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ClassicsOnline Home » VERNE, J.: 20,000 Leagues under the Sea (Abridged)
The year is 1866. The maritime world is gripped by fear after reported sightings of a huge and terrible sea monster. Monsieur Aronnax, a distinguished Professor of Natural History, pronounces the creature to be a giant narwhal and is invited to join an official expedition to track down the beast. But Professor Aronnax is proved wrong; the beast is not of the natural world, but a huge submarine. When he is pulled out of the sea by the enigmatic Captain Nemo, and imprisoned on the Nautilus, he experiences at first hand the marvels and perils of submarine life. Twenty Thousand Leagues Under the Sea is possibly the first and finest work of science fiction plausible, terrifying and utterly gripping.
20,000 Leagues Under the Sea
Jules Verne’s fascination with the sea began in the great
French seaport of Nantes, where he was born in 1828. Such was his passion for
ships that in 1839, when he was only eleven, he ran away from home to be a
sailor. His adventure did not last long however, and after returning home in
disgrace, he promised his distraught mother: ‘After this I
will travel only
in the imagination.’ But it would be many years before he
could give free rein to his imaginative powers.
In 1848 he was sent to Paris to complete his studies as a
lawyer. Radical socialist thinking was sweeping through Revolutionary France,
and Verne was drawn to the radical writers, scientist and musicians of the
time. He turned his back on his studies and became the secretary to the Théâtre
Lyrique. During this time he wrote several plays and short stories, but he had
little talent as a dramatist. In 1856, Verne married a young widow, Honorine
Morel. She already had two children and in order to support his new family,
Verne took a job on the Paris Bourse.
However, Verne did not give up on his literary ambitions. He
continued to write, and his friendship with the radical Pierre-Jean Hetzel was
to prove crucial. Hetzel started a magazine for young people and Verne became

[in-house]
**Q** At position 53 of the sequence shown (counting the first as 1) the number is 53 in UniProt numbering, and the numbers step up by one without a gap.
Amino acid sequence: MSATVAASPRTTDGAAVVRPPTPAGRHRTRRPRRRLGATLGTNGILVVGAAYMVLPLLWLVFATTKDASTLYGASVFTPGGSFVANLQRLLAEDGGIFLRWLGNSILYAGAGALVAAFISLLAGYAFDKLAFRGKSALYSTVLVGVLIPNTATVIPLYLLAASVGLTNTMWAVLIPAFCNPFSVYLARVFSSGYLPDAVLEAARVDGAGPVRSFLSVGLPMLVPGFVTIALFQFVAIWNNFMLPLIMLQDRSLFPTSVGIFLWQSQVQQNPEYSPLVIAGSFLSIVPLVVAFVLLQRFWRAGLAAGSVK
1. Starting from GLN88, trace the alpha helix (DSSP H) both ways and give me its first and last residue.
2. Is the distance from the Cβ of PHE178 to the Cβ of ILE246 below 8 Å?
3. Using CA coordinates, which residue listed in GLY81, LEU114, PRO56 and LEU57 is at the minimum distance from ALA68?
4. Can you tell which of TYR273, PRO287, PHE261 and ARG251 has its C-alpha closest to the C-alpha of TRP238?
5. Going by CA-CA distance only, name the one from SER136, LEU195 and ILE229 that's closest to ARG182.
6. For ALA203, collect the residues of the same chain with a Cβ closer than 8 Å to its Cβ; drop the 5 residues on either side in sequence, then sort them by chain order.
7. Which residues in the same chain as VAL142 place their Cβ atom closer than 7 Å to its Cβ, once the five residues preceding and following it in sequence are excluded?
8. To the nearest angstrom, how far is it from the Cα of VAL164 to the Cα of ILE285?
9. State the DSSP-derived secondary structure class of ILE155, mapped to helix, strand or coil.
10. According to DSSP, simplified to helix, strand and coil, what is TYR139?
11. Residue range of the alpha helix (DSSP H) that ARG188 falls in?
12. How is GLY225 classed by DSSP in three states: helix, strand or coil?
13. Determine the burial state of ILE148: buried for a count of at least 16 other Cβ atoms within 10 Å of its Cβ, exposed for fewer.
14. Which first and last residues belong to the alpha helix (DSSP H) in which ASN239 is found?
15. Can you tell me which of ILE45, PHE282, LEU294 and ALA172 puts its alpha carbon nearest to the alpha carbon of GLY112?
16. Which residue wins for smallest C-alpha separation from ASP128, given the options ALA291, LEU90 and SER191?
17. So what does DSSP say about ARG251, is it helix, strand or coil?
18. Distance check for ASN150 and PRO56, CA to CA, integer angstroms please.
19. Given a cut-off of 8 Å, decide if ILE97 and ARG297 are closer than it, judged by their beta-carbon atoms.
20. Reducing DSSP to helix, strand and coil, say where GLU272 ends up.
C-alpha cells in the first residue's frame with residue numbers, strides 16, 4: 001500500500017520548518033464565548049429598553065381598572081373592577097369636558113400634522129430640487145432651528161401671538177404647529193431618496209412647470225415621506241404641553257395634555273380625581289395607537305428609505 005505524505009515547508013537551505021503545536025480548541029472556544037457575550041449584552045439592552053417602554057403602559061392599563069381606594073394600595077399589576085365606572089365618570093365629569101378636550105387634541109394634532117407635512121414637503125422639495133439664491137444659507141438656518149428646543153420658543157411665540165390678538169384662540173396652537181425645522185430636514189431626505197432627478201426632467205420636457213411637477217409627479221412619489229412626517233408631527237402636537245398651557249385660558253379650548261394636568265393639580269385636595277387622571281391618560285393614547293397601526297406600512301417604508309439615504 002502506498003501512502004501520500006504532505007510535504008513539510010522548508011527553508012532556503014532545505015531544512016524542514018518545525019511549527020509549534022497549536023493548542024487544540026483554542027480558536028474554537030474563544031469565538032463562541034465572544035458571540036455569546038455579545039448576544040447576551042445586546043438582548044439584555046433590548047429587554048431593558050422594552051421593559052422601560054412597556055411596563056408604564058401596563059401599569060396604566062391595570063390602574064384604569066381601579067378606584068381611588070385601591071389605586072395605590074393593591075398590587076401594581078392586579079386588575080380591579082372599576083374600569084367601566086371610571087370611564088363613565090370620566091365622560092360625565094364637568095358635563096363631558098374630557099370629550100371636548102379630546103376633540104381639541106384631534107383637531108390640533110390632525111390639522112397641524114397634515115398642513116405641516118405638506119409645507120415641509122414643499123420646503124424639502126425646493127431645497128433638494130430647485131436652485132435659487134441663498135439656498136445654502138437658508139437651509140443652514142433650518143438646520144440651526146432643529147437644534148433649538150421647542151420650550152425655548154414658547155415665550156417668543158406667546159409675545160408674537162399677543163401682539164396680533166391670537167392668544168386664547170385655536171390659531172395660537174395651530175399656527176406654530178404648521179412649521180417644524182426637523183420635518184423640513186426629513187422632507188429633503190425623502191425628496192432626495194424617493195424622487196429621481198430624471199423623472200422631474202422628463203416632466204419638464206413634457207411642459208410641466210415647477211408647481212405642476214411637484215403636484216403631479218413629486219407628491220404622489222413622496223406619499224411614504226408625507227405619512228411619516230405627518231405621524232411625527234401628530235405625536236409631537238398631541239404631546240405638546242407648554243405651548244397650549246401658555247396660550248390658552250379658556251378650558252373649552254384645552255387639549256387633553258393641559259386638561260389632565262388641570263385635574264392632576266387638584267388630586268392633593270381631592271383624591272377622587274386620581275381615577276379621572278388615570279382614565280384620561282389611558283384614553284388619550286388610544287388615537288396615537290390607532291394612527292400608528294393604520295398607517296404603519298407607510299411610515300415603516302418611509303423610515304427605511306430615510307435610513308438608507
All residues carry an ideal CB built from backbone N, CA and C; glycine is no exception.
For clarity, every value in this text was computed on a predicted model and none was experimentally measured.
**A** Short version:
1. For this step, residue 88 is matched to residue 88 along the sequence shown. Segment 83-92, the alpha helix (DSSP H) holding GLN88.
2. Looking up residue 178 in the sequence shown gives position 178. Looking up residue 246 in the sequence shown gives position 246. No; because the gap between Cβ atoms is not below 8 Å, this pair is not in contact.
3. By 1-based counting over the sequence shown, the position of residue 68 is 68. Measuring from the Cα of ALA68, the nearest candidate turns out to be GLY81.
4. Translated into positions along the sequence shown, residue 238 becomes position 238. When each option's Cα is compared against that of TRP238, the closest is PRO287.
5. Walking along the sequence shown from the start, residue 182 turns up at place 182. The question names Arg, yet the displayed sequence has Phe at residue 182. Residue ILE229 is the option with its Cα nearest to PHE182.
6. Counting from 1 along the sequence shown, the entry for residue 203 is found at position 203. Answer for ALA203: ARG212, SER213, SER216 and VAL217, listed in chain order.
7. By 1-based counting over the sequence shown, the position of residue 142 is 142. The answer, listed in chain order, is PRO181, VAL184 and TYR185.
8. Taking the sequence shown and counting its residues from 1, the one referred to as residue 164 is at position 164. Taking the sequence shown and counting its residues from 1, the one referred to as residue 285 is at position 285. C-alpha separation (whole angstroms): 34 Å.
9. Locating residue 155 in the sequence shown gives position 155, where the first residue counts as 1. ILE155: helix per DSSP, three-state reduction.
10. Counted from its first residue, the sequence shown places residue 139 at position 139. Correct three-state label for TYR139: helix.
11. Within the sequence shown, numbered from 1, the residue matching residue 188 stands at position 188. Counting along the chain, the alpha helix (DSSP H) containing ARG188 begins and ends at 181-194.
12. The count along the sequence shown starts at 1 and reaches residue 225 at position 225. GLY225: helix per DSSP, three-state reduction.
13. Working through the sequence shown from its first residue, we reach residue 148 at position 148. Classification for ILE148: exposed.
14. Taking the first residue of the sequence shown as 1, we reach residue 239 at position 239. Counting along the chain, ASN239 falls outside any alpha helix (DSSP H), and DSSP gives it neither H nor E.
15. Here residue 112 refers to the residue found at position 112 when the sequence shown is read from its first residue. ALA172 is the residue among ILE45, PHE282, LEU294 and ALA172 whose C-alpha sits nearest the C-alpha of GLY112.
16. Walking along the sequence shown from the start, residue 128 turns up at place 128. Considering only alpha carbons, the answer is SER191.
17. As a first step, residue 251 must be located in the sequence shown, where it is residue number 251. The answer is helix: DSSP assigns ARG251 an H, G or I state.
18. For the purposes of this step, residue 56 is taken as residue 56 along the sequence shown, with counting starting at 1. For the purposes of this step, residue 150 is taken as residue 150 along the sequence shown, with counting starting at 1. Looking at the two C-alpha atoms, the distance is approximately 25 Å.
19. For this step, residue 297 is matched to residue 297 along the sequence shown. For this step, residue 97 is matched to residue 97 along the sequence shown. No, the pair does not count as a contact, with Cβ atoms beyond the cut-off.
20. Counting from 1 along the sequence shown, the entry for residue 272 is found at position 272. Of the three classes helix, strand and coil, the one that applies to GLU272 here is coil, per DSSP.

one of its most popular contributors. Now Verne was able to combine his
lifelong fascination for geography, science and technology with his talent for
entertaining and accessible writing and his first successful novel, Five Weeks
in a Balloon was published in 1863. Next came Journey to the Centre of the
Earth, an extraordinary exploration of the earth’s core, followed by From the
Earth to the Moon. 20,000 Leagues Under the Sea was published in two parts in
1869 and 1870.
At this time, underwater exploration was in its infancy. A
diving apparatus had been introduced in 1865, but compressed air was not used
until 1875. Thus he used primitive new technology and took it into near realms
of sophistication while still remaining well within the limits of possibility;
this understanding of technology imbues his writing with the vital ingredient
of all fine science fiction: plausibility. Verne was also the master of
adventure and suspense but his political ideas were never far from the surface.
Through Captain Nemo, he was also able to explore his abiding interest in the
freedom of the individual: Nemo could only really be free under the sea, beyond
the control of oppressive nation states.
Verne’s abiding popularity lies therefore in his
extraordinarily prescient view of the future, his huge talent as a storyteller
and in his fascination for the natural world and the men who are destined to
explore its mysteries.
Notes by Heather Godwin
John Carlisle is a familar figure on the British stage. He has
been a member of the Royal Shakespeare Company for over a decade where, as an
Associate Artist, he has taken a variety of key roles in classical drama from
Shakespeare to Chekhov, as well as in 20th century works. He has also been seen
regularly on television in work including Lovejoy and Cyrano de Bergerac.
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VERNE, J.: 20,000 Leagues under the Sea (Abridged)